A DUNS number is a unique nine-digit identifier that’s provided and maintained exclusively by Dun & Bradstreet. A number is required for each distinct physical location of an entity (branches, divisions, headquarters, etc.).
The DUNS number is used by the world’s most influential standards-setting organizations. It’s recognized, recommended, and/or required by more than 50 global, industry, and trade associations, including the U.S. federal government, the United Nations, the Australian government, and the European Commission. More than 100 million businesses worldwide have been assigned a DUNS number.
There’s no cost to obtain a DUNS number and doing so ensures that an entity is listed in D&B’s global database of more than 140 million businesses. The number is widely used by both commercial and government entities. For example, it’s the standard business identifier for all federal electronic commerce and it was incorporated into the Federal Acquisition Register as the federal government’s contractor identification code for all procurement-related activities.
A DUNS number stays with a company’s location indefinitely, even if the business closes. It provides a wealth of information associated with the entity, including:
- Business name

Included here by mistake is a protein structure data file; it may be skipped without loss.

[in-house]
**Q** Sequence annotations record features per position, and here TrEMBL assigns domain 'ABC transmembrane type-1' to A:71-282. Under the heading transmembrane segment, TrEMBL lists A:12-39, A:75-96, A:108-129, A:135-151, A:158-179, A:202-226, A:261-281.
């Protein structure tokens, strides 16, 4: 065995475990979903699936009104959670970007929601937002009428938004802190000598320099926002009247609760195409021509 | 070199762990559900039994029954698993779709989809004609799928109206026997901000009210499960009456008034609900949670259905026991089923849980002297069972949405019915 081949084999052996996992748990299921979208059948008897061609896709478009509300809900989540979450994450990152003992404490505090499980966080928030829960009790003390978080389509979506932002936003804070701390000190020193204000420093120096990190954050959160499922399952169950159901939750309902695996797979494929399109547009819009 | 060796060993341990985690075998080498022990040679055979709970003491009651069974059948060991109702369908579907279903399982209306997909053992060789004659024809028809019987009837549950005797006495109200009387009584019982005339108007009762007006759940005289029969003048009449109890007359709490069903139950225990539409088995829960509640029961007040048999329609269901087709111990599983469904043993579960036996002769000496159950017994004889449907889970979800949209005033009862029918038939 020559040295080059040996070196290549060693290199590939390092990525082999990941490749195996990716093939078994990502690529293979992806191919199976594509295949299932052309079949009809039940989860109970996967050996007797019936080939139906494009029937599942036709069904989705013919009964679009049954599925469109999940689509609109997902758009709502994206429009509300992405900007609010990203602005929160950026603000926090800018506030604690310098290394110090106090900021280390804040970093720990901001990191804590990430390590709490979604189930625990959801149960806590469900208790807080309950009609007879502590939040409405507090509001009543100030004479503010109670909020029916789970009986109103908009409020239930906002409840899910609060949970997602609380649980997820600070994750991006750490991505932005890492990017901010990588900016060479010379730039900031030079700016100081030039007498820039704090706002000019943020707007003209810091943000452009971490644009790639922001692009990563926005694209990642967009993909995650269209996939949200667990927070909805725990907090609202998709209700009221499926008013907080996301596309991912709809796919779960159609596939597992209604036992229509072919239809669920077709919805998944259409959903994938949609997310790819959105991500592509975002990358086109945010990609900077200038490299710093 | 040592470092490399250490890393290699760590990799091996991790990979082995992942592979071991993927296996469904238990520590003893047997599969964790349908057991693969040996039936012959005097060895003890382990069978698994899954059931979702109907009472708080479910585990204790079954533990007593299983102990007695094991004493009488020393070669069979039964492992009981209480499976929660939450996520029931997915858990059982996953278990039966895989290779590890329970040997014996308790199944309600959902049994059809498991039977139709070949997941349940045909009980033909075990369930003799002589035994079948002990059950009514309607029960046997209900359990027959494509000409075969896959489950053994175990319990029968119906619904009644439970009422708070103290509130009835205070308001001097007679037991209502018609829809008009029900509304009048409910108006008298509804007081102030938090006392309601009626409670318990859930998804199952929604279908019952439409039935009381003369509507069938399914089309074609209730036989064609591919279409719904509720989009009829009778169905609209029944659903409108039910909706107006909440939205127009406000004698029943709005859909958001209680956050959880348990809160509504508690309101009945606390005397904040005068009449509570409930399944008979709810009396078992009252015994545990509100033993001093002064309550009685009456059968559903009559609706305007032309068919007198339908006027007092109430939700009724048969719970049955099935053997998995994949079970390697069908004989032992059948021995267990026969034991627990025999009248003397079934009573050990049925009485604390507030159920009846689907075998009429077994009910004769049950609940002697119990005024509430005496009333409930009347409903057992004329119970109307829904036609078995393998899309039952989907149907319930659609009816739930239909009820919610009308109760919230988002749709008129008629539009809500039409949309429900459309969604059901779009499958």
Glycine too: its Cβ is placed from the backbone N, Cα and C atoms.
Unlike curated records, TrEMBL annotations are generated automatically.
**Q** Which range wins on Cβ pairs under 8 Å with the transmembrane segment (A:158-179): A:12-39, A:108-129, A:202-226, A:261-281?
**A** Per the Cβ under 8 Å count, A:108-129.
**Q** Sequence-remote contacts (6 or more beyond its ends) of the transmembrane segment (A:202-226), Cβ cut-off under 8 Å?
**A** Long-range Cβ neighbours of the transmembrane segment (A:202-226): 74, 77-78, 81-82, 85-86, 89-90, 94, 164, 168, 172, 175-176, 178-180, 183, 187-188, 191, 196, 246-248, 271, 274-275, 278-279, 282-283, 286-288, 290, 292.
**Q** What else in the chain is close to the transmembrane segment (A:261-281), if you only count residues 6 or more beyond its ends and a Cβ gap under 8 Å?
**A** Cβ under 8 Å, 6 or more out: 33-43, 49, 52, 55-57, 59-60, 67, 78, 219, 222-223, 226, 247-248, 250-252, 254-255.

- Physical mailing address
- Names of principals
- Industry classifications (e.g., SIC, NAICS)
- Payment and financial experiences
One of the primary uses of a DUNS number is the ability to submit federal grant and cooperative agreement applications. (Note that individual researchers submitting applications through a research organization don’t need a DUNS number.)
In 2003 the federal Office of Management and Budget directed all federal agencies to require the number in order to improve the statistical reporting of federal grants and cooperative agreements. The number is used for tracking purposes in order to better identify related organizations that are receiving funding and to validate entities’ addresses and point-of-contact information.
It’s Also Required For ARC Loans
A DUNS number is also required for any business applying for the Small Business Administration’s America’s Recovery Capital, or ARC, loan. This new loan program, which was part of the American Recovery and Reinvestment Act of 2009, can provide up to $35,000 in short-term relief for viable small businesses that are facing immediate financial hardship due to the economic downturn.
ARC loans are interest-free and will be offered by SBA lenders until September 30, 2010, or until funds are exhausted, whichever happens first. They carry a 100 percent guaranty from the SBA to the lender and require no SBA fees. Loan proceeds are provided over a 6 month period and repayment of loan principal is deferred for 12 months after the last disbursement of the proceeds. Repayment terms can be extended for up to five years.